I waited patiently, for years…
And now I have returned, ready to continue with honest unpaid reviews of video games and thoughts about the game industry, unbound from corporate interests or outside influence. Are you ready?
Five years… This took five years to make? I really don’t understand how a game that is basically Resident Evil 4 with a desert theme takes 5 frackin’ years to make. The only game company that can take 5 years to make a game and innovate so little is Blizzard, and Capcom, I’m sorry, but you’re no Blizzard.
How the hell did you spend 5 years making this game and end up making it WORSE? You can only buy new goods at level loads? What the hell is that about? Are my weapons being air-dropped from the sky? Why did you remove the trench-coat guy? The only annoyance was that he only had one line of dialogue for opening and closing his inventory screen. That was it! Otherwise it was fine. Oh wait, I know, you wanted the innovation of team play and you were too frackin’ lazy to program a way for players to interact with menus without disrupting the action… What are you stupid? Put the trenchcoat guy in a corner where there are no zombies…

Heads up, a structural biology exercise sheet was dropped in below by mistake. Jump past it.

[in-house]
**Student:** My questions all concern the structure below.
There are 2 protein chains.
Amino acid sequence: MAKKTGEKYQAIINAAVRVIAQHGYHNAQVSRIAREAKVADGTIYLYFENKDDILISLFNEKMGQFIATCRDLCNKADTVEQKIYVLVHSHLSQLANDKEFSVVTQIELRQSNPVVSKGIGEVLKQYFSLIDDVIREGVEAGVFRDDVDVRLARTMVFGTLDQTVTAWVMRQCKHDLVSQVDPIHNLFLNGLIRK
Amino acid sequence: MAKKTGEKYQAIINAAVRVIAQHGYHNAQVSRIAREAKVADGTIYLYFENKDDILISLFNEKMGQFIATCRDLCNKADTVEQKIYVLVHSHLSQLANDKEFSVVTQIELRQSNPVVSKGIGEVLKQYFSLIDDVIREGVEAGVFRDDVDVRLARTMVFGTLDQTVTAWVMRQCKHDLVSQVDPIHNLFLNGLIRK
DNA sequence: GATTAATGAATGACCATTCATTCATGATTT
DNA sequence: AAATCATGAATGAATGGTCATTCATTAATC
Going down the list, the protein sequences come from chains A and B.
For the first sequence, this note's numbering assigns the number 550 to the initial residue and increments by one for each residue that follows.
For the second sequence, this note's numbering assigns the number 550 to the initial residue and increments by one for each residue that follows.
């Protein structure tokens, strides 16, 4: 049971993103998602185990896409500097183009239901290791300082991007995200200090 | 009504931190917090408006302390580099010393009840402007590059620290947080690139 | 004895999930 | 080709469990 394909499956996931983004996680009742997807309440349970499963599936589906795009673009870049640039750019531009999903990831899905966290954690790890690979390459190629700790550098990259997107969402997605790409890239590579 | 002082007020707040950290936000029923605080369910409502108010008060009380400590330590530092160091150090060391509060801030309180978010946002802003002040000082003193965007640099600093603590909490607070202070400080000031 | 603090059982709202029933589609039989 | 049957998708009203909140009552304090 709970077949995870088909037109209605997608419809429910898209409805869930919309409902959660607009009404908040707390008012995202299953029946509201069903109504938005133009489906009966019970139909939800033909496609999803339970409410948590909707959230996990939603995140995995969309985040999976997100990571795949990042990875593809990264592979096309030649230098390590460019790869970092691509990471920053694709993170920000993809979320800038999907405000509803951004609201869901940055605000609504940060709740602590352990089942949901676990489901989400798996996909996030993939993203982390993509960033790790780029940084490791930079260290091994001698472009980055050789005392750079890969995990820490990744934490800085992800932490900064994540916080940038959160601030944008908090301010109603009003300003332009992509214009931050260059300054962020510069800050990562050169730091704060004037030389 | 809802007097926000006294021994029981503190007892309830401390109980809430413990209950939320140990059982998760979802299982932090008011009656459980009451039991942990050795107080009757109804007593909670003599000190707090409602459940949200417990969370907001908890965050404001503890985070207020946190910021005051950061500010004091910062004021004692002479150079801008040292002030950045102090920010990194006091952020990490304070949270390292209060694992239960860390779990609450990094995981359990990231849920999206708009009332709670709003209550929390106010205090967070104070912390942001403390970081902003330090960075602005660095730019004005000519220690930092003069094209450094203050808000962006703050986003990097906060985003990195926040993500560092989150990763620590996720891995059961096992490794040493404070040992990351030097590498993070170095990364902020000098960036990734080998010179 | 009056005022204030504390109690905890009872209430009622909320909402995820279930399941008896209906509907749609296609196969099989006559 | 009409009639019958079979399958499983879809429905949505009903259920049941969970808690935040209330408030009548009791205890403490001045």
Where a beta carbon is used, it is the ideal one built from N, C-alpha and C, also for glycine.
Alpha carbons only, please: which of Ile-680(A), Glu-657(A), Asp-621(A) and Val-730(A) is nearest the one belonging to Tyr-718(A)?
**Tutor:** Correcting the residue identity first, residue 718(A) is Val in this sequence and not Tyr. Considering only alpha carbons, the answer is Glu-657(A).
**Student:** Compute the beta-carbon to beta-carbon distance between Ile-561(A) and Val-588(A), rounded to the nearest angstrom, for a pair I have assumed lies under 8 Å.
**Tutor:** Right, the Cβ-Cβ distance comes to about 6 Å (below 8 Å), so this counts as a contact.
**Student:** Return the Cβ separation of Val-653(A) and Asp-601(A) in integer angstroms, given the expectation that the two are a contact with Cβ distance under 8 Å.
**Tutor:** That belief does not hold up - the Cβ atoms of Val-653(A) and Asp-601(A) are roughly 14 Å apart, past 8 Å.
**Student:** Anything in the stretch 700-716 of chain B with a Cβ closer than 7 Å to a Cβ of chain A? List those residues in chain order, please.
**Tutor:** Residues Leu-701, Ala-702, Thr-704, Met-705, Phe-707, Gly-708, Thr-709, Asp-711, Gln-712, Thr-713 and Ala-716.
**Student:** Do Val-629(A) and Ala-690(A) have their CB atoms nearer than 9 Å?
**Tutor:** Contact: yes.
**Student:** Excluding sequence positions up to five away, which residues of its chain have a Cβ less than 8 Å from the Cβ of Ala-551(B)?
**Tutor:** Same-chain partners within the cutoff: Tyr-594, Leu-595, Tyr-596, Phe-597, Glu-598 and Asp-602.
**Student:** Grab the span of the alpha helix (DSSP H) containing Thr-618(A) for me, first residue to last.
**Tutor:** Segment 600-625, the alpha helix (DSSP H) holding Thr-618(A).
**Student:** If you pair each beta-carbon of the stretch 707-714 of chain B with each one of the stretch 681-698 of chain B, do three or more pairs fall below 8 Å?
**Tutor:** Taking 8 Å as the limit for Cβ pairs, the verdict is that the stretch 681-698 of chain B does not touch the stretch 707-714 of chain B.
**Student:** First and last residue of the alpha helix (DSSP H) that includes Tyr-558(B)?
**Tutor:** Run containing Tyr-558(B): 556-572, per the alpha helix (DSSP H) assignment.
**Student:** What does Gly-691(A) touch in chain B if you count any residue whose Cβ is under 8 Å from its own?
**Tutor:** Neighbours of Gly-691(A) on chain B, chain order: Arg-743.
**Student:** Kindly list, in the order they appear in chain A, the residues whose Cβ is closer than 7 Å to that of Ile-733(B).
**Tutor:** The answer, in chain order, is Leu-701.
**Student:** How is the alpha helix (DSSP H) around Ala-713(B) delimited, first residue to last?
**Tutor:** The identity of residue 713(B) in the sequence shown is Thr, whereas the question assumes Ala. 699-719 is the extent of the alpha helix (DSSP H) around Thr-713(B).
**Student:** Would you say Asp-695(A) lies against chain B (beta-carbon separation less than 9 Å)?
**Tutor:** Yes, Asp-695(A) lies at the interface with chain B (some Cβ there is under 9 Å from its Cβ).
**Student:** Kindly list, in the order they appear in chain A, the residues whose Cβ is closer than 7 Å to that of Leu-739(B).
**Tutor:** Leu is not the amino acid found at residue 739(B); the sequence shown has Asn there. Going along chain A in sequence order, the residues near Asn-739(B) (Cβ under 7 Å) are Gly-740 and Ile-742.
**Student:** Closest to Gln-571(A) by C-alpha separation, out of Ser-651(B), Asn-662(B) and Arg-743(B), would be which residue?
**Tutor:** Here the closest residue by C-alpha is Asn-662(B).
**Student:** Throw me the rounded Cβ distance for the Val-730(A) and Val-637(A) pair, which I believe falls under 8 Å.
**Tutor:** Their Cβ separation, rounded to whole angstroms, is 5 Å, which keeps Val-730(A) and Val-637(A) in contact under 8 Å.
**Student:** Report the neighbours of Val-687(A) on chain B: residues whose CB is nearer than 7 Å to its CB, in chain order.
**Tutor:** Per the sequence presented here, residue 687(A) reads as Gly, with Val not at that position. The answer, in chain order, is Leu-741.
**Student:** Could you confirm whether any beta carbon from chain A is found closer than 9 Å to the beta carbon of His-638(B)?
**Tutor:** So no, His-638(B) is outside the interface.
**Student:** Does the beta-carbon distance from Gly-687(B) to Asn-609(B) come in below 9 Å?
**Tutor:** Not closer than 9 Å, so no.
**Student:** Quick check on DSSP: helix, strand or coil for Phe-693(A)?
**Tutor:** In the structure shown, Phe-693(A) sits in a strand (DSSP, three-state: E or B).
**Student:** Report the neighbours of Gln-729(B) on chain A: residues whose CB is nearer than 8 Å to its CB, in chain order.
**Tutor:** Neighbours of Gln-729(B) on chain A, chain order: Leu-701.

I also hate your real time inventory management. What the hell is wrong with you? It is NOT FUN to have to deal with a clunky inventory interface when zombies are baring down on you. In fact, it’s the opposite of fun, it’s an incredible annoyance that has no place being in a video game. Which brings me to my major gripe about Capcom’s Resident Evil game design theory.
Making an interface or interaction in the game world difficult and/or shitty on PURPOSE does NOT enhance the “scariness” factor of your game. It enhances the ANNOYANCE factor of your game. Resident Evil 5 is a big annoying piece of crap with none of the innovation or interest that originally grabbed our attention in Resident Evil 4.
Don’t you get it?! Resident Evil 4 was interesting because it took the things that were good from previous Resident Evils (i.e. zombies coming at you, oppressive atmosphere, limited ammo/weapons) and added things that made it BETTER! Being able to properly aim, being able to run away without it feeling like a total piece of shit (though it still wasn’t perfect) and being able to upgrade your weapons. How did you frack this all up in RE5? Allow me to explain.